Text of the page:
Aminta wore pearls in her ears and a ring on her finger, but Martin didn’t care. She was visiting New York and stumbled up the Hudson to Poughkeepsie and the deli where he worked. She sounded out the whole word, delicatessen, as so few did these days. She went back to Greece two weeks later and he only thought of her occasionally, rolling the pearl earring she had left behind between his thumb and forefinger.

When she told him she was pregnant, he wasn’t holding the earring but he wanted to feel it between his palms. Her words echoed down the phone line and he imagined her whispering to him across the ocean, but his thoughts were moving slower than the speed of sound because he could not conjure a single word in response except, I need a drink, but even he had the sense not to say that.

“I only ask for your medical history,” she said. She waited, but he couldn’t think past the bottle of scotch in the liquor cabinet. “This is only a—how do you say—a formality. My husband will be the father.”

He couldn’t feel his fingers. “Is it a boy or a girl?”

“Oh, Martin. It does not matter.”

Martin liked a good drink and the occasional smoke. It wasn’t like he had a problem. But he had never needed a drink as badly as he did that day, and the next morning he smoked half a pack before noon and, still in a haze from the news, called a lawyer he knew. The lawyer said he didn’t have much of a chance of shared custody. He couldn’t take the child to another country, away from its mother, and he didn’t have the money to pack up and move to Europe. His buddies at the bar said the same thing. But she had called him. She didn’t have to do that, but she did it all the same. So he had to try.

At 37, Martin had lived a life without struggle, not because everything came easily to him but because he did not fight for the things that didn’t. Until he boarded a plane and crossed an ocean for a possibility of fatherhood.

In Greece, he made his way to Pylos, the port city she lived near. He had her phone number, hastily scratched down on the back of a receipt after that transatlantic call. Now, here he was, curling the cord around his fingers and pacing as much as he could in his small hotel room while he listened to her phone ring on the other end.

She answered in Greek. “Parakalo.”

“It’s me,” he said.

Aminta paused. “Who is this?”

“It’s Martin.”

Static down the phone line. The window was open, and someone on the street below shouted in Greek. “Please tell me this is an international call,” Aminta said.

He didn’t answer.

Malaka. Martin. What are you doing here? I told you, there is, there is no need for you to come.”

He twisted the cord between his fingers. His hotel room had a rotary phone, which he hadn’t seen since he was a kid. “I just want to see if…”

“Martin, I am sorry, but there is nothing you can do. I should not have told you.”

He wanted to say, “I’m glad you did,” but he didn’t know if it was the truth.

The hotel only had three stars in Lonely Planet, but he thought it deserved four just for the rotary phone. The room was clean and brightly lit, with pale yellow walls and windows with a view of the red-roofed town, tiny and huddled around the bay. It came with hot water all day, twelve channels on the small TV in the corner, laundry services, and a safe in the lobby where he’d stowed his passport.

“I have made my decision,” she said.

“And your husband?” He pulled the phone as far as it would go, just stretching across the small room to the window. “Does he know?”

Ne, he knows.” She paused again and he listened to her breathe down the line. “Go home, Martin. Do not call me again.”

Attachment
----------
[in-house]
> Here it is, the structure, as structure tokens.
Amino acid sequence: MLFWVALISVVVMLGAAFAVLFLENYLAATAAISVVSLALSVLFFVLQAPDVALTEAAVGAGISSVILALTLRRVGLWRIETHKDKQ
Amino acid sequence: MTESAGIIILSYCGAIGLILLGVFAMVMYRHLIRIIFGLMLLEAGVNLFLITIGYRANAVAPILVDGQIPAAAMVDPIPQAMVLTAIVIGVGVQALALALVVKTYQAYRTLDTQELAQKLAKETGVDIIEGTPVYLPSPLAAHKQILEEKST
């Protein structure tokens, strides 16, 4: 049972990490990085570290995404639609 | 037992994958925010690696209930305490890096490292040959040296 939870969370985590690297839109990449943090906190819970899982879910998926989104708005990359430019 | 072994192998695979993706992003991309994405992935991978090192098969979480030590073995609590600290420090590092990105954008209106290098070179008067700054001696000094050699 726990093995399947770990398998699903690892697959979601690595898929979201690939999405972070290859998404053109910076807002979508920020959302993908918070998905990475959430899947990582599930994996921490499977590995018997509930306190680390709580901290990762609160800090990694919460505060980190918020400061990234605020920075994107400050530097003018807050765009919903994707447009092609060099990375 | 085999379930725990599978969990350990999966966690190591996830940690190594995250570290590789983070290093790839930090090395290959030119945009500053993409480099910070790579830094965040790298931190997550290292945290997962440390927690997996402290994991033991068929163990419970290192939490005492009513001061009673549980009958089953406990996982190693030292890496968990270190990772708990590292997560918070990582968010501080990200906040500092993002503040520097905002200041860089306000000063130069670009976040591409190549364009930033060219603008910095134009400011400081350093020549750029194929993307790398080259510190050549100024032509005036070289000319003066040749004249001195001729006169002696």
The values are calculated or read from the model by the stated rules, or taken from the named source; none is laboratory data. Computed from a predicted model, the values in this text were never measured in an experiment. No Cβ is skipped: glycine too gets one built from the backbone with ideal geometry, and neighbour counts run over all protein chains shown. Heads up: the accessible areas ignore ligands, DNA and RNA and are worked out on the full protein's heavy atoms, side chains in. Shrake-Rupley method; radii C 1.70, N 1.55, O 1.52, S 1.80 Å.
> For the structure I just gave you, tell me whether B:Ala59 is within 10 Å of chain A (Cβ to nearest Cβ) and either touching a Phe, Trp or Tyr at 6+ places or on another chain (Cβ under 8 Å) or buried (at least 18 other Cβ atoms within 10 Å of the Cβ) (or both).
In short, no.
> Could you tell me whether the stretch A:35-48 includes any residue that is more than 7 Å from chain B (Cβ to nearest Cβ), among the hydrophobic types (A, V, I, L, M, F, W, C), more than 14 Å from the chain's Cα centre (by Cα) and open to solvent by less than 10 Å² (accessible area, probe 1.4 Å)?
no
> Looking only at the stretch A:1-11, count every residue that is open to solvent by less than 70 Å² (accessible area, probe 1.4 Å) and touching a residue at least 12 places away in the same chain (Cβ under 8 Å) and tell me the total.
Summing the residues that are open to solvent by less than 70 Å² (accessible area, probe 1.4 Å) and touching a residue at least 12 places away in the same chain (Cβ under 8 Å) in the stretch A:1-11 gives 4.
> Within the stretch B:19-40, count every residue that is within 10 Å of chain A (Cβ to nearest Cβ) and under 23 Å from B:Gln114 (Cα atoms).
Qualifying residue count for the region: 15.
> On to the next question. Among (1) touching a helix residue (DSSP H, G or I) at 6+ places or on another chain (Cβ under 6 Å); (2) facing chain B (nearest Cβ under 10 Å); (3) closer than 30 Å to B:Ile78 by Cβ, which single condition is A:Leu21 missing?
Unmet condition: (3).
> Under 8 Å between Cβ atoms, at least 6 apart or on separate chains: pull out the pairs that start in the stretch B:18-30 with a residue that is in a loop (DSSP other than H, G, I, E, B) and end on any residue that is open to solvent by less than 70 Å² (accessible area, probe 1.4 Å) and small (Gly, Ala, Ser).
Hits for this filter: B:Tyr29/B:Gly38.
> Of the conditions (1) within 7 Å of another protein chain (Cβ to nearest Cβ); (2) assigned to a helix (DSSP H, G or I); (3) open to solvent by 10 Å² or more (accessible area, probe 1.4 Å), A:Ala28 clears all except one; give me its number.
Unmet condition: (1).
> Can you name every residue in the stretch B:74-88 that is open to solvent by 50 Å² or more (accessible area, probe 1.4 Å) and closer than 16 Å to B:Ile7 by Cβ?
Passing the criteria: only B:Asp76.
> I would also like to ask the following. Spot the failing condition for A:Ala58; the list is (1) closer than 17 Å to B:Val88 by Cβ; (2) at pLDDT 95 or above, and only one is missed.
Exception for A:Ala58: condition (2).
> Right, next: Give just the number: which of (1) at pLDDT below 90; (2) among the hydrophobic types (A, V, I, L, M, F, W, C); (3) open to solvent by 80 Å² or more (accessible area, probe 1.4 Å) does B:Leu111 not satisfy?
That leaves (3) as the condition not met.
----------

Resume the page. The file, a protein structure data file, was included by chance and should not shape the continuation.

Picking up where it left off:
“Aminta—”

But she had disconnected.

When Martin was just 19, he’d gotten a girl pregnant, and then when she’d told him what she wanted to do, he had picked up extra shifts at work and lived on canned beans for two weeks to pay for the abortion. She hadn’t asked him to come with her, so he didn’t, and the relationship quietly fizzled out a few months after that. He still had a few odd things of hers—a glove she’d left behind, an ancient tube of lip gloss—and he thought of the baby that might have been sometimes, over the years, when he passed children on the street or in supermarkets. When Aminta called him two weeks ago, he thought, She would have been 17. For that brief moment listening to her voice on the phone, he thought he could be somebody.

 

One cold night in New York, Aminta had pressed herself against his naked back and wrapped her arms around him. They lay close, sweaty and shivering where the blankets didn’t reach. She’d mumbled about Homer and a beach back home where she liked to go.

Now it seemed fitting to go to Voidokilia, the beach where, as the story said, Odysseus’s son Telemachus landed in his search for a father. The beach was hidden, a horseshoe-shaped lagoon separated from the tourist beach by rolling dunes and grassy ruins. It was there that he saw her—no, not Aminta. Art. Martin first saw Art when he crested the hill and stood looking below to the white sand and her skin so bright under the Mediterranean sun as she walked into the blue, blue water of Voidokilia. The baby, Aminta, the husband, his father, the daughter that hadn’t been—all those things slipped away. Focus, he told himself. Find Aminta. But Aminta wasn’t here, and she was, and he felt that he could write odes to the way she pushed her wet, tangled hair from her face, or the shifting of her toes in the sand, or the water drops that slid down her skin and caught the light and caught him, too, in that moment.

Martin was a confident man in most of his endeavors. He lived a life with few consequences, and with nothing to fear he feared no failure. But today he was not here for himself, and so when she turned in his direction, he looked down at his toes in the sand. Telemachus, barely a man at twenty, had landed on this shore in search of a father he’d never known. A damn fool, Martin’s father might have called him, if he said anything at all.